NEW YORK (AP) — J.C. Penney says it will start to sell major appliances online and expand its rollout of the category to nearly 500 stores, or almost half of its stores, this summer.

The move comes after a successful test of offering major appliances such as washing machines and refrigerators in 22 markets in February. Penney got out of the major appliance business more than 30 years ago.

Penney also said Monday that that it exceeded its own goal for one measure of profit. Its shares edged up in midday trading Monday.


Takata expects to sink into loss, instead of posting profit

TOKYO (AP) — Japanese auto parts maker Takata Corp. is expecting a loss for its fiscal year because of ballooning costs from a massive global air-bag recall.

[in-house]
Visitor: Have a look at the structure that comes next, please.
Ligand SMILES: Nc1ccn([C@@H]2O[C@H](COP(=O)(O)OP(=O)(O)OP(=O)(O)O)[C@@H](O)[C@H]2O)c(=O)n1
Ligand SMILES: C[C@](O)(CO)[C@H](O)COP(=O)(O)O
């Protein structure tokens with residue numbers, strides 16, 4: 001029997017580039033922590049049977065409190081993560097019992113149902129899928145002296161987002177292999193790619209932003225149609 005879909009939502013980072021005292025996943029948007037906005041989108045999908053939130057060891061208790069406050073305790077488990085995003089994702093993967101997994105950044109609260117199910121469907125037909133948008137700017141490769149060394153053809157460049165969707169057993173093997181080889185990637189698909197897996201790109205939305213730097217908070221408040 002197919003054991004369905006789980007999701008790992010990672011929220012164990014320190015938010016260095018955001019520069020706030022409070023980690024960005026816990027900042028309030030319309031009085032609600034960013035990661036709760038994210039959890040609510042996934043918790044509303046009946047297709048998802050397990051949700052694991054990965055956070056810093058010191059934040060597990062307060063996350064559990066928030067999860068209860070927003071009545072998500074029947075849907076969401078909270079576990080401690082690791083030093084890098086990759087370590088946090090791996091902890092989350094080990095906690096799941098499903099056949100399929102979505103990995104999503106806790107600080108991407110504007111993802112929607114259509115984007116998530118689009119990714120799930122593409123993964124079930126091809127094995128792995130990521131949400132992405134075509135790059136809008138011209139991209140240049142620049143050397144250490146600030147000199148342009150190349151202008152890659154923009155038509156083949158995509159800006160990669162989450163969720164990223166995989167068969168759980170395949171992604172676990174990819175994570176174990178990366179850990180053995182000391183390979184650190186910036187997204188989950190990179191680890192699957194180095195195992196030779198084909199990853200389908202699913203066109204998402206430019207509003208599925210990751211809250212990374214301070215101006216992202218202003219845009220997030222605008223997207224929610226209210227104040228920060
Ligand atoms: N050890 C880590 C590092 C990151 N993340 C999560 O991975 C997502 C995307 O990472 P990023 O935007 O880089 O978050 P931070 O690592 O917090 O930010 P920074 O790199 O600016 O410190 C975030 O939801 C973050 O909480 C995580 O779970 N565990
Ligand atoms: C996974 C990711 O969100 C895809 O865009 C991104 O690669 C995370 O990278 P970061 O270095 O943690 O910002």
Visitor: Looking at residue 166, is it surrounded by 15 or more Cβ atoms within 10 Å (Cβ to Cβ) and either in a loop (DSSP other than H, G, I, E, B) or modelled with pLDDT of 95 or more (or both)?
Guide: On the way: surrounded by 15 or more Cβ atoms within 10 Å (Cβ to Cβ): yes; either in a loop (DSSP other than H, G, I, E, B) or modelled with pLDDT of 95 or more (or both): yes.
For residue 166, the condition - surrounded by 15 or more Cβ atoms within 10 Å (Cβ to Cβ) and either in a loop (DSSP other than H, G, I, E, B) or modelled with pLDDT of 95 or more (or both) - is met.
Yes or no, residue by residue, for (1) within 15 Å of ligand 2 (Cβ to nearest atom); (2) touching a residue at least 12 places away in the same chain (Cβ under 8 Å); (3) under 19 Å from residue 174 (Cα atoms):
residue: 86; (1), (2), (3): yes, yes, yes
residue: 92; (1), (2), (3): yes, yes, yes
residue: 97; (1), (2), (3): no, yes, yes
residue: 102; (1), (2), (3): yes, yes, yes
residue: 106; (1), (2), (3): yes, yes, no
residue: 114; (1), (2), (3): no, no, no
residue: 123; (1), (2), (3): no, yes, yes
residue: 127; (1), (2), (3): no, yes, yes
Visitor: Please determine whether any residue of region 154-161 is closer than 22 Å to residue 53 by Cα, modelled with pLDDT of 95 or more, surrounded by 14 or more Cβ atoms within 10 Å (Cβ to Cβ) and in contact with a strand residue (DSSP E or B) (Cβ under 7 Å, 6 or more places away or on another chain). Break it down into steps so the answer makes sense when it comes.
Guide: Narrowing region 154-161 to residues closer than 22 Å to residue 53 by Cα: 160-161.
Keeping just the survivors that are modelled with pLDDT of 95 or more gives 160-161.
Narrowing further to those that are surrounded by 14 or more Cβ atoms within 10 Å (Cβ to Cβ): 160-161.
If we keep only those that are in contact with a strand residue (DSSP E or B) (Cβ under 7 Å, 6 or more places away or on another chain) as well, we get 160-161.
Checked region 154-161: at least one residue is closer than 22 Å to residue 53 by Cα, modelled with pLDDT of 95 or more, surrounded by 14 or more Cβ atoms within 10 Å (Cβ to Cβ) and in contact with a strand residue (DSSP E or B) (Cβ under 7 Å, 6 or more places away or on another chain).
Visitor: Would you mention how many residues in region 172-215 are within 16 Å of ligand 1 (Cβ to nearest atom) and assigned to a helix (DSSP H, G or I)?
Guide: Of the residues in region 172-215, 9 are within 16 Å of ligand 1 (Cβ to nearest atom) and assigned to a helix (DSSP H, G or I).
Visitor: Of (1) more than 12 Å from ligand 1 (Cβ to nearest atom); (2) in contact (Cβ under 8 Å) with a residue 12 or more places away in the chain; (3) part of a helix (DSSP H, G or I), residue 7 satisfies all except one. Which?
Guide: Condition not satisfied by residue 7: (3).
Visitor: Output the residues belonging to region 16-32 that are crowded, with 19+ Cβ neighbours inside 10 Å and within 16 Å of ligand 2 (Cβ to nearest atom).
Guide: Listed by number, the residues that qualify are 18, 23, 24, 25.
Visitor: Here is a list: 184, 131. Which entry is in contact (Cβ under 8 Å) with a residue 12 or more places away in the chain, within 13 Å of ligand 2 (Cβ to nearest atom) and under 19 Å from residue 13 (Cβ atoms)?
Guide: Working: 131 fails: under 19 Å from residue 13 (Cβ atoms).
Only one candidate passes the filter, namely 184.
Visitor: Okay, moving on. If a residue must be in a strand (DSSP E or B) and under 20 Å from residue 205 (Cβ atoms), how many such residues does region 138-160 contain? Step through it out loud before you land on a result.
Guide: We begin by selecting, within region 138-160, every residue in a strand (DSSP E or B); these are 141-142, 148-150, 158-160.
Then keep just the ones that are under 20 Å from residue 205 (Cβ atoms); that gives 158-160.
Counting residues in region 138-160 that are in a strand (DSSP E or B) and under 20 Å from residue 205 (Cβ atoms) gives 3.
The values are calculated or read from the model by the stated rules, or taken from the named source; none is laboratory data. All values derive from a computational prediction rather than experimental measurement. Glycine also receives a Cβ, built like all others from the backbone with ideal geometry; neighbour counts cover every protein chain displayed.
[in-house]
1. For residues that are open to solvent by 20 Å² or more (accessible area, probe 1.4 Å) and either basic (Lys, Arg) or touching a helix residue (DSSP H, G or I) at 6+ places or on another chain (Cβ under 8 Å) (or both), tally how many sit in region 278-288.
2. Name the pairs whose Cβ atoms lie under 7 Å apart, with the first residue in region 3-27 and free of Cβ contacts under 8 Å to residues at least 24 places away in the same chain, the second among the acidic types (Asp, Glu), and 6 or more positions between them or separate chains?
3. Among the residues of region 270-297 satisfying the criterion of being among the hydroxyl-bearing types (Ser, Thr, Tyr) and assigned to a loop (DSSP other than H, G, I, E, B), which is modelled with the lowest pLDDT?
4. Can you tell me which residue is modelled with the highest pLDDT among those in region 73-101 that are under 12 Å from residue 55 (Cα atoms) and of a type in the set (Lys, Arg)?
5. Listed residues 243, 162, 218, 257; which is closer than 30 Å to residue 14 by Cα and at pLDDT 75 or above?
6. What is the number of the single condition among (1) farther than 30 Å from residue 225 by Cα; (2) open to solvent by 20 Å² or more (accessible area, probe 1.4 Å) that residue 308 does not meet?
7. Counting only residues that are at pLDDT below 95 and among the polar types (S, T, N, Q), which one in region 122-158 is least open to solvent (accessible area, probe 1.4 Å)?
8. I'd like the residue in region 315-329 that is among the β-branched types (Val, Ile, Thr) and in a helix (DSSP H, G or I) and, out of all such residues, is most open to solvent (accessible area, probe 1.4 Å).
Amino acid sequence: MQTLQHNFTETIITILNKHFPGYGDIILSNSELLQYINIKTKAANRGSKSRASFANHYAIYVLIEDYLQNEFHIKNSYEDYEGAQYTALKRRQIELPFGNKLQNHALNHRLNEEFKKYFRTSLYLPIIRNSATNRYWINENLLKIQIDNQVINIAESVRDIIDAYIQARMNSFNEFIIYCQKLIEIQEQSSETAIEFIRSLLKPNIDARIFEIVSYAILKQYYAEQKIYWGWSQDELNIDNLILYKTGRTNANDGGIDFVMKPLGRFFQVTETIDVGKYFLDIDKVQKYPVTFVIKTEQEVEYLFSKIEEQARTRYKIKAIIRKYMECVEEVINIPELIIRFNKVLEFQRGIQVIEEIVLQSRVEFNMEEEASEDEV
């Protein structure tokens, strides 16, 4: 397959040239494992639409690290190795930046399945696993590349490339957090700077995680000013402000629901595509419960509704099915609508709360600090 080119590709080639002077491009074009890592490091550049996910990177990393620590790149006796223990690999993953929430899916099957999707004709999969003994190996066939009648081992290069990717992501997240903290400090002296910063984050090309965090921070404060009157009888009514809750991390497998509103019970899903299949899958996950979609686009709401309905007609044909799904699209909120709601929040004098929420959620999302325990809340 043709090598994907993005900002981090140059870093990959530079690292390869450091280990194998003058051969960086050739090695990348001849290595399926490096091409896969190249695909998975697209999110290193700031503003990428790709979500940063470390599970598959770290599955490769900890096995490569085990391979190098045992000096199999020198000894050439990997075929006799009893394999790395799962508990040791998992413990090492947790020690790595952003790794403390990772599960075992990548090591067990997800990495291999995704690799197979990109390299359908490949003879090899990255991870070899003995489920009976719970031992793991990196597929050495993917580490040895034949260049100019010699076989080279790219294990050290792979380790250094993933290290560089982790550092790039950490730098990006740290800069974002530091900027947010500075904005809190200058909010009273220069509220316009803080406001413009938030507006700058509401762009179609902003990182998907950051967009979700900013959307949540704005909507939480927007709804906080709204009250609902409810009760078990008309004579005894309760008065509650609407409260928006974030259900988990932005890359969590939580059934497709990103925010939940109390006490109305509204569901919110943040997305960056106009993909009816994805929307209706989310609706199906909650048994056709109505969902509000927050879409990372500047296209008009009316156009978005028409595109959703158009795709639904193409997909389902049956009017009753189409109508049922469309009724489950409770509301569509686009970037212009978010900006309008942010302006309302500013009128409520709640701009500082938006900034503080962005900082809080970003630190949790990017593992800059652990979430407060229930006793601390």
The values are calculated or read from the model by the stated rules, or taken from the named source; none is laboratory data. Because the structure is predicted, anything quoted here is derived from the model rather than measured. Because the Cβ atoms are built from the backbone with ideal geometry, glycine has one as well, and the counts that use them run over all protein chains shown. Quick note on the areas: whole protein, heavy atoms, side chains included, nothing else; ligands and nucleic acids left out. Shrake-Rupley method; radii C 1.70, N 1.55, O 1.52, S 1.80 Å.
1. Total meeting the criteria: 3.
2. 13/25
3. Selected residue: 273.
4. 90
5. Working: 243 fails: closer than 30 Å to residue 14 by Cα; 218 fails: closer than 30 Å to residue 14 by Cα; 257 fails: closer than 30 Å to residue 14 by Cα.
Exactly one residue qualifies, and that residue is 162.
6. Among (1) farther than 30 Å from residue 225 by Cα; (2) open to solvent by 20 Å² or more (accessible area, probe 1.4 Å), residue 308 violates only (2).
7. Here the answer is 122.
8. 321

Takata said Monday it is projecting an annual net loss of 13 billion yen ($120 million). The Japanese manufacturer had earlier forecast a profit of 5 billion yen ($46 million).

The company’s products are part of the largest recall in U.S. history. Inflators inside the air bags can explode with too much force and spew shrapnel they are responsible for at least 11 deaths worldwide and more than 100 injuries.


The Dow Jones industrial average edged down 34.72 points, or 0.2 per cent, to 17,705.91. The Standard & Poor’s 500 index picked up 1.55 points to 2,058.69. The Nasdaq composite index rose 14.05 points, or 0.3 per cent, to 4,750.21.

U.S. crude fell $1.22, or 2.7 per cent, to $43.44 a barrel in New York. Brent crude, the benchmark for international oil prices, fell $1.74, or 3.8 per cent, to $43.63 a barrel in London. Wholesale gasoline fell 5 cents to $1.443 a gallon, heating oil fell 5 cents to $1.286 a gallon and natural gas was little changed at $2.098 per thousand cubic feet.